A Steward’s rights

June 6, 2022 | Misc. Resources

Stewards have to challenge the employer’s authority when members’ rights and the contract are
violated. So what protection do you have when you do that?

As a steward, you are the employer’s equal and deserve to be treated with respect. You do not need the employer’s permission to speak, to enter a meeting room, or to sit down. You do not have to put up with abuse or intimidation from the employer, and you should set the employer straight if this happens. That’s not to say that the employer must treat you with kid gloves, or vice versa. It’s usually a conflict that brings you together, and both sides have the right to present their positions energetically.

It is against the law for the employer to interfere with, restrict, discipline, or discriminate against you for performing any legitimate trade union activity. If you face any difficulties or reprisals in doing your job as a steward, contact your chief steward or staff representative immediately.

Most collective agreements protect union activity. If the employer tries to deny your rights as a steward, they are also violating the collective agreement.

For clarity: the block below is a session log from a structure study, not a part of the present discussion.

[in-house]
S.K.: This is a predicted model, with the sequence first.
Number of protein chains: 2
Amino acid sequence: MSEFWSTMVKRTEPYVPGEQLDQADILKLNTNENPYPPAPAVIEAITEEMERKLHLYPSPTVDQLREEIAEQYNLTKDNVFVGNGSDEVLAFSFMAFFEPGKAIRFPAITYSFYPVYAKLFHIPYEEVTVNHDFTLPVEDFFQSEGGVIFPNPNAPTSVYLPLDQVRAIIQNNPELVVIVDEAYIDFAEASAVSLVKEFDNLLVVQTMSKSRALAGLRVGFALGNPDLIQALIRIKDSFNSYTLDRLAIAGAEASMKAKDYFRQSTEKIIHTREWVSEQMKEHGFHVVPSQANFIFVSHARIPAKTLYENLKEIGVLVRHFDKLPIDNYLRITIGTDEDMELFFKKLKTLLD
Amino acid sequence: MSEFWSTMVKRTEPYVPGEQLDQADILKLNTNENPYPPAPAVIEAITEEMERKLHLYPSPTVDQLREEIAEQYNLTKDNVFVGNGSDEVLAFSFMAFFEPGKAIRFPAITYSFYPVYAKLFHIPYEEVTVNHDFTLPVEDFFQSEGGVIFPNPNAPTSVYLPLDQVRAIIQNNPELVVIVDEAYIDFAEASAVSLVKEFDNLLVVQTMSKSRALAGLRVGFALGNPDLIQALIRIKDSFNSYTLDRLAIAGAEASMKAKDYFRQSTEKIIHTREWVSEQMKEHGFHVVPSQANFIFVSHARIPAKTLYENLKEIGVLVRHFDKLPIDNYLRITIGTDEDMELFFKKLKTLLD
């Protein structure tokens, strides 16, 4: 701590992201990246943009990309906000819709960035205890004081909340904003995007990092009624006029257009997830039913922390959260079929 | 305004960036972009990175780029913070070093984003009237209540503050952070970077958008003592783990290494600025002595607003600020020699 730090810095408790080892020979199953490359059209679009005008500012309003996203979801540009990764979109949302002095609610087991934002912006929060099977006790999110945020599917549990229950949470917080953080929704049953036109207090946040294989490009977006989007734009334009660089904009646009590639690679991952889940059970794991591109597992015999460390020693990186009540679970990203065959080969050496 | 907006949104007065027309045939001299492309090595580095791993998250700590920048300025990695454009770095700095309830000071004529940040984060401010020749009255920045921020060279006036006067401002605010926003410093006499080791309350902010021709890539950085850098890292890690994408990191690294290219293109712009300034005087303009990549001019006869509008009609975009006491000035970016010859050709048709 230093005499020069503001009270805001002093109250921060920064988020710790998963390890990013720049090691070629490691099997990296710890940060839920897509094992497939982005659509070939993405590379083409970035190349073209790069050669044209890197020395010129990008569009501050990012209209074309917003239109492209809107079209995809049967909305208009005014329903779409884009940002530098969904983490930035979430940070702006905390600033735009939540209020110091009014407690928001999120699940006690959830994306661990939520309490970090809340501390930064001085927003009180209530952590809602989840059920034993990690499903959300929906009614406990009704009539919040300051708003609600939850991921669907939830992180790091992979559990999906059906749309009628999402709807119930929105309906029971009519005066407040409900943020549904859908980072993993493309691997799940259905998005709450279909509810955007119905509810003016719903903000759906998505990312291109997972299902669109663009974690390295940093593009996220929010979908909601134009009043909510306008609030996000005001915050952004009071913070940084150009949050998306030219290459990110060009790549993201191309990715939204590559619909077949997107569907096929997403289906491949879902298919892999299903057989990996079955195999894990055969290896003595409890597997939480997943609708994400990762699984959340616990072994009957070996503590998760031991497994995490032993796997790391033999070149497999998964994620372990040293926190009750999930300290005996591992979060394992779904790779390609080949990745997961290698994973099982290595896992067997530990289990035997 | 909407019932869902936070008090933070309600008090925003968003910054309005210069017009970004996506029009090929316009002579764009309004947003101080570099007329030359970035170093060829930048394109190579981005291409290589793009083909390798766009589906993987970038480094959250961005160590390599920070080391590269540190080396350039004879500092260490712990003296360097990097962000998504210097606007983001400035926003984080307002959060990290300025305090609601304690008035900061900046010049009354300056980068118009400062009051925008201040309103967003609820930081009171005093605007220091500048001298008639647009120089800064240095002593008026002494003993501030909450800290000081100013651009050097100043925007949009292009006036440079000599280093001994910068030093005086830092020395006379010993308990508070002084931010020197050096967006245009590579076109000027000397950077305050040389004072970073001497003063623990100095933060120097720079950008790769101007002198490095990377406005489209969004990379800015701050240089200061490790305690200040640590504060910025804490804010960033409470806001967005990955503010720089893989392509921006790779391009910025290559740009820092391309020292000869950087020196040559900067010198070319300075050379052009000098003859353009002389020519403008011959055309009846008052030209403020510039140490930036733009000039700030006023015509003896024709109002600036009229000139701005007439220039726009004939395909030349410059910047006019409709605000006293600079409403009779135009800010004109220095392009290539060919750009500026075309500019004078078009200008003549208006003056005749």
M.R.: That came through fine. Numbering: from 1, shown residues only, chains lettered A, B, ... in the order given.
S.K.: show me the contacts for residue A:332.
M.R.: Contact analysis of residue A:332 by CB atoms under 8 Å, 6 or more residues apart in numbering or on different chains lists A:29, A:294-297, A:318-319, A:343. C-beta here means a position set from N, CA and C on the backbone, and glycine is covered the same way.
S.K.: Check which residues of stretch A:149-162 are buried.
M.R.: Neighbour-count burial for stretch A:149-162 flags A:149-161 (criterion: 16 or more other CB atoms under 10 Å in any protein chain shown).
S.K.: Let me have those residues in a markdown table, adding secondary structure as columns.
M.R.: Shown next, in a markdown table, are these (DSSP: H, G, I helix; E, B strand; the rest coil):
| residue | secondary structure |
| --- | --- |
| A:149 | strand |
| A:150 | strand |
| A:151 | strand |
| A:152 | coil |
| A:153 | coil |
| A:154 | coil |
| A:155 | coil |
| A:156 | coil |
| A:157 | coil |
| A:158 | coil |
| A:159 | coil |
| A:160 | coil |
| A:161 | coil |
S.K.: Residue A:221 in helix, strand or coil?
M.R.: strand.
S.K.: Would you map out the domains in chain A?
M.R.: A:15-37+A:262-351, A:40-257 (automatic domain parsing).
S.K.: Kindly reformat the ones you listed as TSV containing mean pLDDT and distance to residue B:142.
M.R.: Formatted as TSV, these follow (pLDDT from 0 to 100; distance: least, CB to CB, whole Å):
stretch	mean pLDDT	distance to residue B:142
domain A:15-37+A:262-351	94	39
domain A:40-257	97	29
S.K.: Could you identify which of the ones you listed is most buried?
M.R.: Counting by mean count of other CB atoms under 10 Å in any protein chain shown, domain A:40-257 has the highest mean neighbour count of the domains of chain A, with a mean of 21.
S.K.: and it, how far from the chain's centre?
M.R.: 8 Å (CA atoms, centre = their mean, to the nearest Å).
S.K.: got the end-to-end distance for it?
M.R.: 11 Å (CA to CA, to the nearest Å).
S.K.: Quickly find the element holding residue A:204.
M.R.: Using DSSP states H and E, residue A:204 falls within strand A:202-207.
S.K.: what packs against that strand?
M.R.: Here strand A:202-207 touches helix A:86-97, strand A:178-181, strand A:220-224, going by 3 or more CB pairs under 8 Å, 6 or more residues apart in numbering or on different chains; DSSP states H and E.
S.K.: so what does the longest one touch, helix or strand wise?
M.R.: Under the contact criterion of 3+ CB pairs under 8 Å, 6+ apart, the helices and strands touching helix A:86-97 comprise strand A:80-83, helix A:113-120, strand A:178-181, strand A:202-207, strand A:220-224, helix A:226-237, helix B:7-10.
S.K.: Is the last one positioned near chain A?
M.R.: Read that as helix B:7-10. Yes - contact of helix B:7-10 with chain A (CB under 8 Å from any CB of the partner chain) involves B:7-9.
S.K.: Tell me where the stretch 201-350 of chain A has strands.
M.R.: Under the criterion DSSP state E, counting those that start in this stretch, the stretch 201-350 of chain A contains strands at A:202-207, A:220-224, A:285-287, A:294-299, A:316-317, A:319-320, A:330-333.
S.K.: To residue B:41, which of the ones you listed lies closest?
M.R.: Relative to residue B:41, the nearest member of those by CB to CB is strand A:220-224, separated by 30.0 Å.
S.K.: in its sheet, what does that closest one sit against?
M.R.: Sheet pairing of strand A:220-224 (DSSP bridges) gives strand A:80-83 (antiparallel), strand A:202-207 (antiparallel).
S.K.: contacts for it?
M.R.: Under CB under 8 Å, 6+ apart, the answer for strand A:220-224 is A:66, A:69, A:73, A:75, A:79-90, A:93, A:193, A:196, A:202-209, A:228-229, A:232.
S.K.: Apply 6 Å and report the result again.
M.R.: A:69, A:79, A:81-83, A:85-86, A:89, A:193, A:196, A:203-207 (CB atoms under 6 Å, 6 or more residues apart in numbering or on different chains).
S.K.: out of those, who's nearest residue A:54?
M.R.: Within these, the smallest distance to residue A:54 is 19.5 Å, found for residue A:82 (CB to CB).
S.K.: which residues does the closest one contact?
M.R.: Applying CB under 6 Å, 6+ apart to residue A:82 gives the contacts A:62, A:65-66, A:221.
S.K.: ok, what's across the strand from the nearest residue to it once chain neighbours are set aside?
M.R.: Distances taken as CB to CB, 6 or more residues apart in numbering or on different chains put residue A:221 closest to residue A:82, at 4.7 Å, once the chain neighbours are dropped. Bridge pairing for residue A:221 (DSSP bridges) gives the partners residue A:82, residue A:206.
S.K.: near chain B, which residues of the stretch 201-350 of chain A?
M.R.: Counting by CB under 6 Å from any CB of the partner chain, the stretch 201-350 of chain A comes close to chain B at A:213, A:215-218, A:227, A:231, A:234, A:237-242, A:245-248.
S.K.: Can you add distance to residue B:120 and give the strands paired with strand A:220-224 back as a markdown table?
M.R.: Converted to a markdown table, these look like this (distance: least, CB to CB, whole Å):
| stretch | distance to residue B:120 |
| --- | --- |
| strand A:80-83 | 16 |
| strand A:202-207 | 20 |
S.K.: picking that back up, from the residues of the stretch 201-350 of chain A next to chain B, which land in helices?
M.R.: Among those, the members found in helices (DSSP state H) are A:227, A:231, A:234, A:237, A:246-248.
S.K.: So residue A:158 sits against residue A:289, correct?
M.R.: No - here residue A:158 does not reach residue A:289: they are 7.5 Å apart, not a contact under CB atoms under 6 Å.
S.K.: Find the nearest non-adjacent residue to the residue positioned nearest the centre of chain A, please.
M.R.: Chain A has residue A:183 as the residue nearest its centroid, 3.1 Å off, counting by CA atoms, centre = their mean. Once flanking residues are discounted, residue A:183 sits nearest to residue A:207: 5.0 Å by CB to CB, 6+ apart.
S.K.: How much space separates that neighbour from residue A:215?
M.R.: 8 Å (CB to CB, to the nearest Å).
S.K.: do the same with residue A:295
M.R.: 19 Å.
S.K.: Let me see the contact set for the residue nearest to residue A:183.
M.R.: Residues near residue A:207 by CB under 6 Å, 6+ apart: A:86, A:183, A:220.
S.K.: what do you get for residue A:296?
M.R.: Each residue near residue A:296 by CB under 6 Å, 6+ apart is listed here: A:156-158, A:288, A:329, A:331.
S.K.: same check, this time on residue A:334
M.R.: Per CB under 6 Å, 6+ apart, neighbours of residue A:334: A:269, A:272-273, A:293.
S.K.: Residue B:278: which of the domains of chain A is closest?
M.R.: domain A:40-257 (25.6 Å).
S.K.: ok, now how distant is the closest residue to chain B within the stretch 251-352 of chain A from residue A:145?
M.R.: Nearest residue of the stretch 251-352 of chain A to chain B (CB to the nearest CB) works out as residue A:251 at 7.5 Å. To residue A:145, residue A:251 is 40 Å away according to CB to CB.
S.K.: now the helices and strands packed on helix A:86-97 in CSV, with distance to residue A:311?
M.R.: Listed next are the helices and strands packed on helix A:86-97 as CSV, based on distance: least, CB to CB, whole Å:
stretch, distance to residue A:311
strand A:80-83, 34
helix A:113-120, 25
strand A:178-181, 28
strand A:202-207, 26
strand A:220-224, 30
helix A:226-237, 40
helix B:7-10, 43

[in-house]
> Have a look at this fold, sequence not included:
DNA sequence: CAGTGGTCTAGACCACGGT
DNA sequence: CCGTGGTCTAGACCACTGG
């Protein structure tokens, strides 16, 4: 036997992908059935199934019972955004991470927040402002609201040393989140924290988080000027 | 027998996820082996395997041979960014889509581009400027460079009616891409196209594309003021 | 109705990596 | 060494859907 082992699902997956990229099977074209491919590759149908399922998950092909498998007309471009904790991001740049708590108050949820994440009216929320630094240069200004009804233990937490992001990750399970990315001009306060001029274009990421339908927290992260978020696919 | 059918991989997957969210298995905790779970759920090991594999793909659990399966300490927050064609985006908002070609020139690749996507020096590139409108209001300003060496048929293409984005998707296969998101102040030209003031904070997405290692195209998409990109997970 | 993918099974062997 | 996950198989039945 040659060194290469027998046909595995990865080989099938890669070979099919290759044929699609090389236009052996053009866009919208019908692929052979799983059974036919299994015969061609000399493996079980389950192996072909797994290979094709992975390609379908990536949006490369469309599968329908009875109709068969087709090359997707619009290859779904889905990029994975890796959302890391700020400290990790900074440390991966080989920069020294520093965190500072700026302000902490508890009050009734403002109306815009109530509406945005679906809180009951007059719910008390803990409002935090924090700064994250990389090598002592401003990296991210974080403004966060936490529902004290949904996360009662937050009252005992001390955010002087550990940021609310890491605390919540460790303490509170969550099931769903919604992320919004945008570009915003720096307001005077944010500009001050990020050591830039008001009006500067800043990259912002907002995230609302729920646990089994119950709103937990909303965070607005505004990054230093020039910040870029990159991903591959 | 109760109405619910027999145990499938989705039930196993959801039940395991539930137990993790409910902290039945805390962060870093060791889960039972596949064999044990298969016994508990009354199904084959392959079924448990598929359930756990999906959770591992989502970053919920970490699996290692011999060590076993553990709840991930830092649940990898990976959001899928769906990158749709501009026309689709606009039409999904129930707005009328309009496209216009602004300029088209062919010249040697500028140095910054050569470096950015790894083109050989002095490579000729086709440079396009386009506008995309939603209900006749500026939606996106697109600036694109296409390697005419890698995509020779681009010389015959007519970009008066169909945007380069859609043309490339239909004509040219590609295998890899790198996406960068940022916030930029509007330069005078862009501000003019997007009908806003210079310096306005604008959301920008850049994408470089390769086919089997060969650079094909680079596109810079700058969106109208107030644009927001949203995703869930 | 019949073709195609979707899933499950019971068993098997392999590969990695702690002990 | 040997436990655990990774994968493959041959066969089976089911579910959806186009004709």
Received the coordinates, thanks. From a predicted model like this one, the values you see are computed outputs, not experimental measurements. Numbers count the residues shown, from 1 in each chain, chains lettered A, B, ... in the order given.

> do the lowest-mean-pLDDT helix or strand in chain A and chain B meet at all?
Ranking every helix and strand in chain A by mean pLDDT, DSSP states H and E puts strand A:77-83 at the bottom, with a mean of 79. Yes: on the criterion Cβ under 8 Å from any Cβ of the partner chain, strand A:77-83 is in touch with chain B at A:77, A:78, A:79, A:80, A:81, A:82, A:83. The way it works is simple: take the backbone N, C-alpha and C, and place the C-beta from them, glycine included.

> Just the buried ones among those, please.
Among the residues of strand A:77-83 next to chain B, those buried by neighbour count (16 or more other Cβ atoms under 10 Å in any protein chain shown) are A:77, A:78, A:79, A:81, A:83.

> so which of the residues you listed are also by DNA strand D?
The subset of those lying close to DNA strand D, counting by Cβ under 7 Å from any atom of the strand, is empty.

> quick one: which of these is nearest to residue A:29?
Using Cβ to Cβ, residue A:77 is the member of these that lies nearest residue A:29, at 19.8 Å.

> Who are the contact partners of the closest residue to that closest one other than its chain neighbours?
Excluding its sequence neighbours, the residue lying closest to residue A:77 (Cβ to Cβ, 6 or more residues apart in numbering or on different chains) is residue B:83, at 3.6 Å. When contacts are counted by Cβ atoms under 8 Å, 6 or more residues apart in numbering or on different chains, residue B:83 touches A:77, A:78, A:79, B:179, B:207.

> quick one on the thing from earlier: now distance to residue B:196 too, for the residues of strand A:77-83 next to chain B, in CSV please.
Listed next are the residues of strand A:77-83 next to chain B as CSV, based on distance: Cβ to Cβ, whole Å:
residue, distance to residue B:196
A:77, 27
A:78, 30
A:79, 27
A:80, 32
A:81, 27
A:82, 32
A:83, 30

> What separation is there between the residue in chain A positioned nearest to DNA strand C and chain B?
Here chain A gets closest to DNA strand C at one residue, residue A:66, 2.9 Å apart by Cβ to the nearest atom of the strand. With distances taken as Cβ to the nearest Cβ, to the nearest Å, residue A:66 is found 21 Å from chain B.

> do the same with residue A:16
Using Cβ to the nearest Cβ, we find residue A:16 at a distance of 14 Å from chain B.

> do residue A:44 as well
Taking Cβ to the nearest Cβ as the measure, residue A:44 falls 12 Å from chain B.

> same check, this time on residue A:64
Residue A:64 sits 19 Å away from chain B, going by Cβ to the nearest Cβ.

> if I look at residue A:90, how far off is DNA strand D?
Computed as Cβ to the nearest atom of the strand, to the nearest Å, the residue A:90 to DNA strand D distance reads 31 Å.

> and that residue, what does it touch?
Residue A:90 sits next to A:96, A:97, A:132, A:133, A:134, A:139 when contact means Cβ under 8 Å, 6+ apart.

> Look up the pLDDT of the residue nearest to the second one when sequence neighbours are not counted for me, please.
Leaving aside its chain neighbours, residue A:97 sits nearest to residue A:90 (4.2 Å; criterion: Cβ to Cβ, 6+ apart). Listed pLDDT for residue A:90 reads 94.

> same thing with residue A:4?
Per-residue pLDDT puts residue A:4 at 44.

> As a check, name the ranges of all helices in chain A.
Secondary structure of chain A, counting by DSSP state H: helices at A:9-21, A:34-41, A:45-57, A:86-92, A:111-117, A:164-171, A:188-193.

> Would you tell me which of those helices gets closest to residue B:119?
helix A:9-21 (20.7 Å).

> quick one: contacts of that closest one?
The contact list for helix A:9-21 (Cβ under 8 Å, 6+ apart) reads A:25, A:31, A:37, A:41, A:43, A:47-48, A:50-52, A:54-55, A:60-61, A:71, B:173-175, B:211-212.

Most collective agreements allow you to do steward duties on work time. Read your own collective agreement and check with your chief steward and staff rep for specifics. Typically, stewards can file grievances, attend problem-solving and grievance meetings, and accompany members to disciplinary meetings on work time. (The member or grievor is also entitled to attend these meetings on work time.) Other union work, such as investigating grievances, distributing information, or encouraging workers to take part in union campaigns, must be done on your breaks or outside of working hours.

There are some limits on a steward’s behaviour. You cannot, for example, advise employees to disobey the employer’s orders unless those orders are illegal or pose a threat to health and safety. You must also continue to meet your obligations as an employee, unless you are off on union leave.

Arbitrators recognize that stewards are not “career diplomats.” One arbitrator wrote that stewards “may be required one day to speak harsh words to management and another day to speak harsh words about management to employees in an effort to inform or rally them. . . They must not be muzzled into quiet complacency by the threat of discipline at the hands of their employer.”


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